Why Too-Big-to-Fail Banks Have Regulators Angry Again

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Big banks being under fire is nothing new. But recently, the FDIC took a critical look at one practice that Bank of America  (NYSE: BAC  ) , JPMorgan Chase  (NYSE: JPM  ) , Wells Fargo  (NYSE: WFC  ) , and several other banks all use to offer short-term credit to customers.

In the following video, Dan Caplinger, The Motley Fool's director of investment planning, discusses deposit advance products and how regulators are trying to crack down on them. As Dan explains, deposit advances look a lot like payday loans, where banks extend credit in exchange for the promise to get their money back when customers receive their next direct deposits. Big banks have offered deposit advance, as have regionals such as Regions Financial  (NYSE: RF  ) and US Bancorp  (NYSE: USB  ) .

But as Dan describes, the FDIC has noted that these products have produced some of the same bad effects as payday loans, including the trap of repeatedly using them and their high fees. Meanwhile, bank advocates note that preventing big banks from doing deposit advance will simply drive those customers back toward traditional payday lenders.

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Read/Post Comments (3) | Recommend This Article (2)

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  • Report this Comment On December 01, 2013, at 12:34 AM, zantor2 wrote:

    Of course the BIG banks are delving into the high interest (usury level%) where they can gouge those who can least afford it.

    There is no end to the GREED of corporate america. I have no problem with any corporation a reasonable return on investment, i DO invest in many corporate stocks. BUT why do the AMERICAN companies always seem to be at the forefront of any SCHEME that basically disadvantages people.

    WHY do they feel the need to operate SCAMS and that is what payday loans/advance are. IF they would do it for a reasonable fee/interest that would be fine. How about the same as a standard VISA card interest and only on a daily equivalent basis. and a small processing fee = maybe 5% flat.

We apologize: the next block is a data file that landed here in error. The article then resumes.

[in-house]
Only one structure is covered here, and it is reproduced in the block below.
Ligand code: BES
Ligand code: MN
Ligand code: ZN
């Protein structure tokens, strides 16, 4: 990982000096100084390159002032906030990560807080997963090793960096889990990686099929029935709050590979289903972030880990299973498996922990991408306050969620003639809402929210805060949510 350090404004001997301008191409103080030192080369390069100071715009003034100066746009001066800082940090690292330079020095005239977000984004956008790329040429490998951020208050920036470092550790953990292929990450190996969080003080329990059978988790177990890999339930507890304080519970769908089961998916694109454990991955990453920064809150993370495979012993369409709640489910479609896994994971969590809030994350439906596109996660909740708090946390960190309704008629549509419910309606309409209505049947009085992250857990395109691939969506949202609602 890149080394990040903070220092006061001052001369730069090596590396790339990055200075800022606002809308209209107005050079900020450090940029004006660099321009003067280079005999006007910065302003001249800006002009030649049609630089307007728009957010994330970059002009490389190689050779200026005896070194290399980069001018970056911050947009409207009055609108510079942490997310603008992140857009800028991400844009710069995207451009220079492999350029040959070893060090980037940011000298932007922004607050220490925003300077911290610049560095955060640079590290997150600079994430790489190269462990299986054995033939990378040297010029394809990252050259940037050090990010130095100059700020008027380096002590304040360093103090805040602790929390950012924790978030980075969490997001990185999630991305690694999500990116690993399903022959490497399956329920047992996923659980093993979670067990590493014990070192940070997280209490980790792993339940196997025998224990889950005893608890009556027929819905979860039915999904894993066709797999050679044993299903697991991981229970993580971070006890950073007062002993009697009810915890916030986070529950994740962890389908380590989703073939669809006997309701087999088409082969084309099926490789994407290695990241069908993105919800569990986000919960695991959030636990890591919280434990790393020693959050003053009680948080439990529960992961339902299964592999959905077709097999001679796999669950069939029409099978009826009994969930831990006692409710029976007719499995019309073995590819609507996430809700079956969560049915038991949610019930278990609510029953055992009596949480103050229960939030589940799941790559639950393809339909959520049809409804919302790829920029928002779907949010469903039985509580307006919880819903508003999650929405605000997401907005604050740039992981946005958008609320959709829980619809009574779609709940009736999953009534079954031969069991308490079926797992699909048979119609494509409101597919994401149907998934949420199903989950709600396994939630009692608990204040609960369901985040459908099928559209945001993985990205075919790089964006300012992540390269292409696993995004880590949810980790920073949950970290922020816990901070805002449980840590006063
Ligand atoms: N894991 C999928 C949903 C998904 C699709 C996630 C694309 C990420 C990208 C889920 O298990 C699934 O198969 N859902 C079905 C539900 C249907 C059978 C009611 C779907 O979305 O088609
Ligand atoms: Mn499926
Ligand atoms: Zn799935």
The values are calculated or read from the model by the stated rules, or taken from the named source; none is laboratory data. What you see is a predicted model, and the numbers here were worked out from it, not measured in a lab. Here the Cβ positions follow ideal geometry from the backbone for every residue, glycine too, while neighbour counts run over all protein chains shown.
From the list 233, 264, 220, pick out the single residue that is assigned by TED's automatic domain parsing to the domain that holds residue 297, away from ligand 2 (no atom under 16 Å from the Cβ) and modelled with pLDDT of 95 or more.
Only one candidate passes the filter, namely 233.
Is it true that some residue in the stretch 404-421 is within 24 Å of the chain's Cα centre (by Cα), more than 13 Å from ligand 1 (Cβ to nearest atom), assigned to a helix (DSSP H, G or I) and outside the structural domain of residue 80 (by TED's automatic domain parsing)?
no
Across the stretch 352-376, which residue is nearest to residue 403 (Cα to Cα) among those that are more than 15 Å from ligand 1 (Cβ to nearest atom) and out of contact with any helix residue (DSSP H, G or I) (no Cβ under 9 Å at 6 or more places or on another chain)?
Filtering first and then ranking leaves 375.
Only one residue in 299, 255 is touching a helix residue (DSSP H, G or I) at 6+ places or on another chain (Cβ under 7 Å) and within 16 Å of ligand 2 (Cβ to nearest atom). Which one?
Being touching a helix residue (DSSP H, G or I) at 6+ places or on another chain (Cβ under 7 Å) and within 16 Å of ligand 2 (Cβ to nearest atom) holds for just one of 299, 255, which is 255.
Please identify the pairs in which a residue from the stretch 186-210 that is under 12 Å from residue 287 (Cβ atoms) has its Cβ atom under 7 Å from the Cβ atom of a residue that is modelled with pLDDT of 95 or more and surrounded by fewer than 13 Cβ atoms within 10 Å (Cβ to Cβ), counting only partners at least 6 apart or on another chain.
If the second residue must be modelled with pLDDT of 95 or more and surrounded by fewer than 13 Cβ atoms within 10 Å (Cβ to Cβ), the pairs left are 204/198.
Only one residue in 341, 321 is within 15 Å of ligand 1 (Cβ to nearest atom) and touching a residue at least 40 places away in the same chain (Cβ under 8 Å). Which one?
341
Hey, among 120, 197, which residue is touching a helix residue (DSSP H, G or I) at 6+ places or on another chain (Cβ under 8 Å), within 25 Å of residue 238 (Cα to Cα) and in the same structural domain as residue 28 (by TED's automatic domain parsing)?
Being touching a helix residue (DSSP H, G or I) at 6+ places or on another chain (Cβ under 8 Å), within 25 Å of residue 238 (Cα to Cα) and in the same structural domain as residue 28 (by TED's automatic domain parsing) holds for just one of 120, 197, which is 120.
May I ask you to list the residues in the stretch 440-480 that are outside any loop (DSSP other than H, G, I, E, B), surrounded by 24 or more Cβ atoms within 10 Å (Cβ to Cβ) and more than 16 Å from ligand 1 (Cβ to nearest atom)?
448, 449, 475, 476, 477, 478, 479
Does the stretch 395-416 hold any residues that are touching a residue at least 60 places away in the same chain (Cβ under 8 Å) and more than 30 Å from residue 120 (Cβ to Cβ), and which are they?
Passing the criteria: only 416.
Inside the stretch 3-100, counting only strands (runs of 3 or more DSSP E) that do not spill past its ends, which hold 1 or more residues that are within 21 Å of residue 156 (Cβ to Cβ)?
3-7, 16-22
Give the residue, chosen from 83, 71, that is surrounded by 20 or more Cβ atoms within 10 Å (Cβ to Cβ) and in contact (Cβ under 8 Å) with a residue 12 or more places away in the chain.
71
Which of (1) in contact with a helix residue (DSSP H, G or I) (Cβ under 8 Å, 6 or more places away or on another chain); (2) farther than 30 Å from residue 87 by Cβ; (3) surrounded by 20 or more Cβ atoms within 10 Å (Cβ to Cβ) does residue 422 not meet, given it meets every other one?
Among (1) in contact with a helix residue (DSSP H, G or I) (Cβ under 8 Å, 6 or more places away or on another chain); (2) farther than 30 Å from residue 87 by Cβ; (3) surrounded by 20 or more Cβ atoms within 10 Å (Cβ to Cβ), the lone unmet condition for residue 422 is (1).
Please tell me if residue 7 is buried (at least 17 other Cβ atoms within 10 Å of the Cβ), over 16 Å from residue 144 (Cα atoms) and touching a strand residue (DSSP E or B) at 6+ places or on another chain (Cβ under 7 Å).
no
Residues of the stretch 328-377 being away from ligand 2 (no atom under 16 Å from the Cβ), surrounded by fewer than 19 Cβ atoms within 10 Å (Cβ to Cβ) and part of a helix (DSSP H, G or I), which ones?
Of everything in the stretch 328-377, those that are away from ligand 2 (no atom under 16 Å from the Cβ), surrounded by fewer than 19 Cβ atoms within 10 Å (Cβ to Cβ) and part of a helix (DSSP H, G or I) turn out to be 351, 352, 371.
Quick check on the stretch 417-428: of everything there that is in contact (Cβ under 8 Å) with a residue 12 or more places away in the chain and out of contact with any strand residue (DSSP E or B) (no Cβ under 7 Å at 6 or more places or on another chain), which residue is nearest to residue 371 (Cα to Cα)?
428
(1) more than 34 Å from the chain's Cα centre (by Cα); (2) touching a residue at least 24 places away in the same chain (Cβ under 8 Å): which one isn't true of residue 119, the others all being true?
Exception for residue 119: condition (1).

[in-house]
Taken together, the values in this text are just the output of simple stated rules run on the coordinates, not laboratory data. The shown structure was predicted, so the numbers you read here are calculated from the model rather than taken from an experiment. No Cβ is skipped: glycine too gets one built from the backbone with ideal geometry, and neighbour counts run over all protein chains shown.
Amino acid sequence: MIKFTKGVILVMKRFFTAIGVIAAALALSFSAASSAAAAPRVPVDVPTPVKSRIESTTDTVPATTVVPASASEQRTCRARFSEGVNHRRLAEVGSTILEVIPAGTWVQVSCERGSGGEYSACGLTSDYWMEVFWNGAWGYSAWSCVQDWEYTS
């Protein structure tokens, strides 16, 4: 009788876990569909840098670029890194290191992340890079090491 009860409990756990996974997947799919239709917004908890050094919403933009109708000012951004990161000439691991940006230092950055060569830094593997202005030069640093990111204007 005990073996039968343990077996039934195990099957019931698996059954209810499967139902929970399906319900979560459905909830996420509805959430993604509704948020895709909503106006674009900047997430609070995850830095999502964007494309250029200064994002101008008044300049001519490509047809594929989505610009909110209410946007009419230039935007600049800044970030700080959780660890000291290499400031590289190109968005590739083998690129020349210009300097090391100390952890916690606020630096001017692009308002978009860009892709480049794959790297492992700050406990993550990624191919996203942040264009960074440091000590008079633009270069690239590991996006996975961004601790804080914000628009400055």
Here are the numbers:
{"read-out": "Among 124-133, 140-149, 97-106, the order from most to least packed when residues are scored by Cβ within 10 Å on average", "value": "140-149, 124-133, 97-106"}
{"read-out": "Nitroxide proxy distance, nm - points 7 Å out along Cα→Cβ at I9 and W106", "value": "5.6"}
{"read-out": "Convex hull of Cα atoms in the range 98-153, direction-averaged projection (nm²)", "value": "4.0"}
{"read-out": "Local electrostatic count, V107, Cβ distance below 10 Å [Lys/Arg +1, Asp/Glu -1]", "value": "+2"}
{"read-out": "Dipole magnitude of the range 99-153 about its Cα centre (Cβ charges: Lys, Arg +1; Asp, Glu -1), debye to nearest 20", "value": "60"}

Why do they feel the need to go to rates that end up being 200% for a small amount to repay in 15 to 30 days. AND they should use industry standards for even offering the loans. NO loans to people without good income to debt ratios. STOP trying ruin the poor people.

  • Report this Comment On December 01, 2013, at 2:33 AM, Squirrel7y6g wrote:

    Senator Obama voted for the TARP bailout. Candidate Obama got more Wall St. donations than any other candidate. So why did the Occupiers vote for Obama for President????? Obama supporters will go hysterical over this well sourced list of 462 examples of his lying, lawbreaking, corruption, cronyism, etc.

  • Report this Comment On December 01, 2013, at 5:55 AM, Squirrel7y6g wrote:

    Obama supporters will go hysterical over this well sourced list of 462 examples of his lying, lawbreaking, corruption, cronyism, etc.

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Dan Caplinger

Dan Caplinger has been a contract writer for the Motley Fool since 2006. As the Fool's Director of Investment Planning, Dan oversees much of the personal-finance and investment-planning content published daily on With a background as an estate-planning attorney and independent financial consultant, Dan's articles are based on more than 20 years of experience from all angles of the financial world.

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